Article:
Impact on history, wildlife, conservancy

Photo by Simon Morris

Conservancies and impact travel are the essence - and extreme value - of preserving and protecting wildlife.

An industrialized Kenya will still need wilderness and natural forests to suck up carbon and release fresh air and clean water, and parks and reserves to safeguard its unique natural heritage.

Tourism accounts for over 12% of the nation’s GDP and employs over 300,000 Kenyans. As a mainstay of tourism, wildlife is a key driver of the economy.

Benefits from Conservancies ranging from improved security, better land management, income, employment and support to community projects have encouraged the growth of conservancies to over 140 spread across 22 Counties covering over 7.5 million acres.

Legal recognition of conservancies is vital for conservation of wildlife on private and community land in Kenya.

What is the history of wildlife in Kenya?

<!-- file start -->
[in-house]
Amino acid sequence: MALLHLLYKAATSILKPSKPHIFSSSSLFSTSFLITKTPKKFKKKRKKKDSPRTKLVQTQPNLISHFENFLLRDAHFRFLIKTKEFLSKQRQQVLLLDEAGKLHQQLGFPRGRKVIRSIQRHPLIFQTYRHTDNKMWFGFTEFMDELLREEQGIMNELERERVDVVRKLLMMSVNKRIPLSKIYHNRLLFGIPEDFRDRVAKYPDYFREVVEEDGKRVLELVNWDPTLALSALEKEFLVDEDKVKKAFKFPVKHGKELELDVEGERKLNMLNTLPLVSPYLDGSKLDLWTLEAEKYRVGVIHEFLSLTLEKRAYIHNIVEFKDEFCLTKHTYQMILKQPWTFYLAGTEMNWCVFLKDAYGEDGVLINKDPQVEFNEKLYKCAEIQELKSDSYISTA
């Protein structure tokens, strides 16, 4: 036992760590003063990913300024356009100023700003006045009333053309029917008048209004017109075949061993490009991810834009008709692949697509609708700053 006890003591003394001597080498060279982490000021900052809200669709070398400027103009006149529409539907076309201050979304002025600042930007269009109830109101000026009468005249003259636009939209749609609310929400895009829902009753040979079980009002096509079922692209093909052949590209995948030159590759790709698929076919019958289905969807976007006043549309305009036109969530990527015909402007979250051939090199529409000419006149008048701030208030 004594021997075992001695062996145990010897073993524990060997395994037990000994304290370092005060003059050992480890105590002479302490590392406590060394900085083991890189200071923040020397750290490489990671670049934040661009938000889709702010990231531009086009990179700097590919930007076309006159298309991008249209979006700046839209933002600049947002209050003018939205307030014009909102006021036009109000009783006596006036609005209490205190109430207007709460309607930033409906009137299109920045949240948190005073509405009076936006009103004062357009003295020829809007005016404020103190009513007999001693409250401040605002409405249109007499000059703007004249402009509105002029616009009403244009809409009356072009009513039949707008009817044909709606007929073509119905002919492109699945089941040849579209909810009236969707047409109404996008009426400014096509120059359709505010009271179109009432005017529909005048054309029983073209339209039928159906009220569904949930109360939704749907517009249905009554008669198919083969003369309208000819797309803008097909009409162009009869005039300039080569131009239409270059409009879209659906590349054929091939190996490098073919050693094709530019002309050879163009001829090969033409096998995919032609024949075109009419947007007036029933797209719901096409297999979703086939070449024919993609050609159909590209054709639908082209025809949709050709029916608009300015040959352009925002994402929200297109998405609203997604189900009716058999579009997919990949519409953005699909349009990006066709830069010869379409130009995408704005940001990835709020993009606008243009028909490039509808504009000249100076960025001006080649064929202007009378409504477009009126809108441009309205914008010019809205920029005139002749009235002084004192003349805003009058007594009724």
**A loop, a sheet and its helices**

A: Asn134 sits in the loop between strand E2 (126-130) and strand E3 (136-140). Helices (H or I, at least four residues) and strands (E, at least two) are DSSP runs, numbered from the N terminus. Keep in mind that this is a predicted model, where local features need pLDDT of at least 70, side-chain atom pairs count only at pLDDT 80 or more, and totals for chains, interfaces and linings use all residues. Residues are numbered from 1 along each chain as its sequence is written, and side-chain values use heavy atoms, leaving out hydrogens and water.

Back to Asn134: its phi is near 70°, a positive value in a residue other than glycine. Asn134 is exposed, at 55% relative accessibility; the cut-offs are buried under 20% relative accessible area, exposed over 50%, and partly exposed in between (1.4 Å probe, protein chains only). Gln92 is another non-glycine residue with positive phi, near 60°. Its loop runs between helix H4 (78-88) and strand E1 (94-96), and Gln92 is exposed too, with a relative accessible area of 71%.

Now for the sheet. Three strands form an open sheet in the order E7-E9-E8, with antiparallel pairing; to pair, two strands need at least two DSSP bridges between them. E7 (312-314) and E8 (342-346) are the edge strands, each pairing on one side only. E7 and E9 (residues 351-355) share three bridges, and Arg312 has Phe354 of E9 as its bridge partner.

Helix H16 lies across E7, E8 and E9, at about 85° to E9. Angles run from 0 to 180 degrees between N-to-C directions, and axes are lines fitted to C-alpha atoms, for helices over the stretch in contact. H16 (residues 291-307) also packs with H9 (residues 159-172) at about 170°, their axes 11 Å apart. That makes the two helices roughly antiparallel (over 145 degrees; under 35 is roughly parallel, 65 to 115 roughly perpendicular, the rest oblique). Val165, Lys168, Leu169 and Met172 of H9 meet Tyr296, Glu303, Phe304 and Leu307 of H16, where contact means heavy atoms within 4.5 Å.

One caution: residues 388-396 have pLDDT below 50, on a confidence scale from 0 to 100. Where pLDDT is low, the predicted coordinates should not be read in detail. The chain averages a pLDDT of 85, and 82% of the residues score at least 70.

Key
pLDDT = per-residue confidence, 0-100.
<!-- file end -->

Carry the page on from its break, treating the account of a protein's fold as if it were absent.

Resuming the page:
The last 30 years have seen significant declines in wildlife across Kenya. Habitat loss, grazing competition with livestock, and illegal poaching have resulted in the decimation of important species and habitats. These threats combined with the proliferation of small arms and the associated rise in insecurity, have led to steady and persistent declines of wildlife in northern Kenya. Threats to elephants, and other species rhino and giraffes, are of particular concern.

What is wildlife conservancy?

A conservancy is land set aside by an individual landowner, body corporate, group of owners or a community for purposes of wildlife conservation (Wildlife Act 2013). Following the enactment of the Wildlife Act, wildlife conservation is now a recognized form of land use.

In the early 1970s, the first non-state protected areas, later to be referred to as Conservancies were established by private and community landowners.

Solio ranch, Taita Hills sanctuary, Kimana wildlife sanctuary and Ol Chorro Oiroua ranch were among the pioneers. During the mid and late 1990s, majority of current community and private conservancies were established. Although majority of these conservancies were individual initiatives, the Policy environment created by Kenya Wildlife Service and the support by Conservation organization and tourism investors provided a platform for Conservancies to develop. (source: KWCA website)

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